The Russell 2000 ( RUT) index, home to companies like Crocs ( CROX), BJ's Wholesale ( BJ) and others with an average market valuation of about $3 billion, is now trading more than 10% below its 52-week high. That means it's in a so-called correction. An iShares exchange-traded fund of microcap stocks ( IWC) (which are even tinier firms than those in the Russell 2000) is nearly 15% below its peak. So it's potentially heading into a bear market. This is troubling because most smaller US firms depend more on the American economy (and US consumers) for their revenue and earnings than the giants of the Dow and S&P 500. They aren't generating as much revenue and profit from markets around the world. So the hard times for smaller stocks might be a more accurate barometer of the US financial landscape than what's happening with big tech companies like Apple ( AAPL), Microsoft ( MSFT) and Google owner Alphabet ( GOOGL) — which have held up much better during the recent market pullback. "Peel the onion back one layer and there has been a more severe rotation in stocks under the surface", said Liz Ann Sonders, chief investment strategist at Charles Schwab. Sonders noted that many of the smaller companies in the S&P 500 beyond the top techs have been prone to big corrections in the past year. It's just that there are enough "pockets of strength" among the larger firms in the index to mask the broader weakness in the overall market. This divergence has caught the attention of other strategists on Wall Street too. David Wright, co-founder of Sierra Mutual Funds, noted in a recent report that far more stocks on the NYSE and Nasdaq have been hitting new 52-week lows rather than highs as of late. "What this means is that only a few large stocks are holding the indexes up, while an increasing number of stocks are actually in a bear market already", Wright said. The market pullback in smaller stocks is a big reason why the CNN Business Fear & Greed Index has suddenly plunged into nearly "extreme fear" territory after registering levels of "extreme greed" just a month ago. The volume of shares in stocks going down is also higher than those going up. Small companies also may not be able to afford paying higher wages to workers as easily as corporate behemoths. Profit margins (and overall earnings) could take a hit as they try to stay competitive with salaries, bonuses and other compensation. Meme mania returns? GameStop ( GME) will report earnings after the close Wednesday. The stock, along with movie theater chain AMC ( AMC), has become synonymous with the meme stock revolution powered by traders on Reddit and other social media sites. Shares of GameStop are up more than 850% so far in 2021. But the stock has had an extremely bumpy ride, to put it mildly. GameStop is also trading nearly 65% below the all-time high it hit in January. It's easy to forget that GameStop is actually a legitimate business and not just a "stonk" that became a plaything of traders trying to punish short selling hedge funds that were betting against the company. For what it's worth, there are growing hopes that the company's business is turning around under Matt Furlong, the new CEO and former Amazon ( AMZN) executive who joined GameStop earlier this year. GameStop has also made a bigger push into e-commerce since Chewy ( CHWY) co-founder Ryan Cohen took a big stake in the company and was subsequently named chairman. The company is still expected to post a loss for the current quarter. But Wall Street is predicting a profit in the holiday period that ends in January and is forecasting that GameStop will make money in its next fiscal year. Demand for video games at GameStop should be strong. The bigger challenge could be the widely publicized shortages of Microsoft's Xbox Series X and Sony's ( SNE) PS5 consoles due to the global supply chain issues impacting semiconductors. Up next Monday: Germany factory production Tuesday: AutoZone ( AZO), Toll Brothers ( TOL), Stitch Fix ( SFIX) earnings Wednesday: China trade report; Campbell Soup ( CPB), Brown-Forman ( BFB), GameStop earnings Thursday: China inflation; US jobless claims; Hormel ( HRL), Costco ( COST), Broadcom ( AVGO), Chewy, Lululemon ( LULU) earnings Friday: US consumer prices; University of Michigan consumer sentiment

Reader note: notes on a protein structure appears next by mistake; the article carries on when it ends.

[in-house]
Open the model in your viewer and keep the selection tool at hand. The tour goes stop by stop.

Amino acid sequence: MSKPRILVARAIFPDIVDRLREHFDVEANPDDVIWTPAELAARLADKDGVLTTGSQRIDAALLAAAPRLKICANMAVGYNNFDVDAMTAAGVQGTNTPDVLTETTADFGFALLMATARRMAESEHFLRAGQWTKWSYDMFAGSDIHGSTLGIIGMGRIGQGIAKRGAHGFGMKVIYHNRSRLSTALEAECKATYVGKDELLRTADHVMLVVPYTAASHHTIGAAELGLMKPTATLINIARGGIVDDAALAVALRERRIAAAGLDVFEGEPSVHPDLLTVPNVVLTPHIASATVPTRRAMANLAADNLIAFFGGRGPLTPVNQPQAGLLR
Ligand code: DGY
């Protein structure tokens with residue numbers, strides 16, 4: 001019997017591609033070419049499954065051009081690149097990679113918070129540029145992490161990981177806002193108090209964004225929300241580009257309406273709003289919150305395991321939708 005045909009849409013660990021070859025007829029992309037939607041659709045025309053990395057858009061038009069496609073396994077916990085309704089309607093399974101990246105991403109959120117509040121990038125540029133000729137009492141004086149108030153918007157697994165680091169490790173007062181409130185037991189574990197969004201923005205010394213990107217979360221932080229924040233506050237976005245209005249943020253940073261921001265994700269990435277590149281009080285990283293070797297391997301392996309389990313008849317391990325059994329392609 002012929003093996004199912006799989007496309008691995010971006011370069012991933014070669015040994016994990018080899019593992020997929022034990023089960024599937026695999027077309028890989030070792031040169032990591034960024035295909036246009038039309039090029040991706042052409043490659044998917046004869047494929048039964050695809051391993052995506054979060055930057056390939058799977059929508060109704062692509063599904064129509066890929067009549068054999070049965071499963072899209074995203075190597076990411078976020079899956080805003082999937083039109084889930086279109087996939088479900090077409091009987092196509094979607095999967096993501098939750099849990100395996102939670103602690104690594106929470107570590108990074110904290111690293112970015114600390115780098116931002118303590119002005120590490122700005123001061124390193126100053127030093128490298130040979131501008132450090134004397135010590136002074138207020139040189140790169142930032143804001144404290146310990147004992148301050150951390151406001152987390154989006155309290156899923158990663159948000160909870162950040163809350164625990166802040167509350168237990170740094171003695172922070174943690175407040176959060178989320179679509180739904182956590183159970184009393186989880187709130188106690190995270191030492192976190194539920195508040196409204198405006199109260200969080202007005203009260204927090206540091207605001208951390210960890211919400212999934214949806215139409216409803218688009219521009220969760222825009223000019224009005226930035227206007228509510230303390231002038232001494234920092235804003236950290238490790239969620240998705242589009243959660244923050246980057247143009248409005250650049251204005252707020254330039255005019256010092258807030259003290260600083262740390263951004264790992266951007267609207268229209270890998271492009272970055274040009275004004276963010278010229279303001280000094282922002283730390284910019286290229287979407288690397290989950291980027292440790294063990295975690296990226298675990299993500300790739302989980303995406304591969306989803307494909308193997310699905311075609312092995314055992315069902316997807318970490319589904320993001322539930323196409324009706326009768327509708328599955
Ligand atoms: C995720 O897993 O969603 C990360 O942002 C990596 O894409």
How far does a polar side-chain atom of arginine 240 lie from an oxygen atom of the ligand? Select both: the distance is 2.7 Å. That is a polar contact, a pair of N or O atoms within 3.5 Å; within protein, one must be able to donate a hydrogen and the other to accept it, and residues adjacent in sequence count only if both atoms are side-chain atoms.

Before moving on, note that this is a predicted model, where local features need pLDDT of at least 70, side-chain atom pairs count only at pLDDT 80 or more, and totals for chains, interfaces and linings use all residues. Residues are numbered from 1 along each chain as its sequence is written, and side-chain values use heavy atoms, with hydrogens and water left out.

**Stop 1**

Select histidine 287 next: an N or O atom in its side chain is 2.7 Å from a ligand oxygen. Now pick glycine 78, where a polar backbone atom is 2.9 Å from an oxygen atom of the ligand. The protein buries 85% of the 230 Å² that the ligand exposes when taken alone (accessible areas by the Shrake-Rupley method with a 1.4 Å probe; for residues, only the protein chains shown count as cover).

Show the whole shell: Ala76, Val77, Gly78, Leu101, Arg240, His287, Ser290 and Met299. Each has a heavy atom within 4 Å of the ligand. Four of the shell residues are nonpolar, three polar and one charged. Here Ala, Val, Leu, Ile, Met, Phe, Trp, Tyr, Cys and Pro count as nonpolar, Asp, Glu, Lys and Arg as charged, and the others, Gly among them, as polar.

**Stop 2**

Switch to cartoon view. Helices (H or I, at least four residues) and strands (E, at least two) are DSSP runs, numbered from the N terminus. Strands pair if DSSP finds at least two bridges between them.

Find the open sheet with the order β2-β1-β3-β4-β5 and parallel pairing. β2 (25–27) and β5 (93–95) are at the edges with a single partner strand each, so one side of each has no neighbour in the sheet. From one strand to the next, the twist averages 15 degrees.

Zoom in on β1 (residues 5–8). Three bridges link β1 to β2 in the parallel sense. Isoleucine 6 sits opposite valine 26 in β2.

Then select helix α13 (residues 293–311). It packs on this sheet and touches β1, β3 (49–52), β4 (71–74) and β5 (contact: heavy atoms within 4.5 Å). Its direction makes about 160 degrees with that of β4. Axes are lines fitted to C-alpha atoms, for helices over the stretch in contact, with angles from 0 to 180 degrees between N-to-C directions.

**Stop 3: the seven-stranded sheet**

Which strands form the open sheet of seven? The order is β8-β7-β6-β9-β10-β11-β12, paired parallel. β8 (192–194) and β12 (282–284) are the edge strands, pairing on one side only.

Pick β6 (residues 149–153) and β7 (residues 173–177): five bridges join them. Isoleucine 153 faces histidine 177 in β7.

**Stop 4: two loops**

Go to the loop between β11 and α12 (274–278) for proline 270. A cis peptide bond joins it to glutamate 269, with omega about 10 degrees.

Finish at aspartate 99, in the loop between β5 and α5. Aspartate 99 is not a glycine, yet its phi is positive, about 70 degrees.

22 /30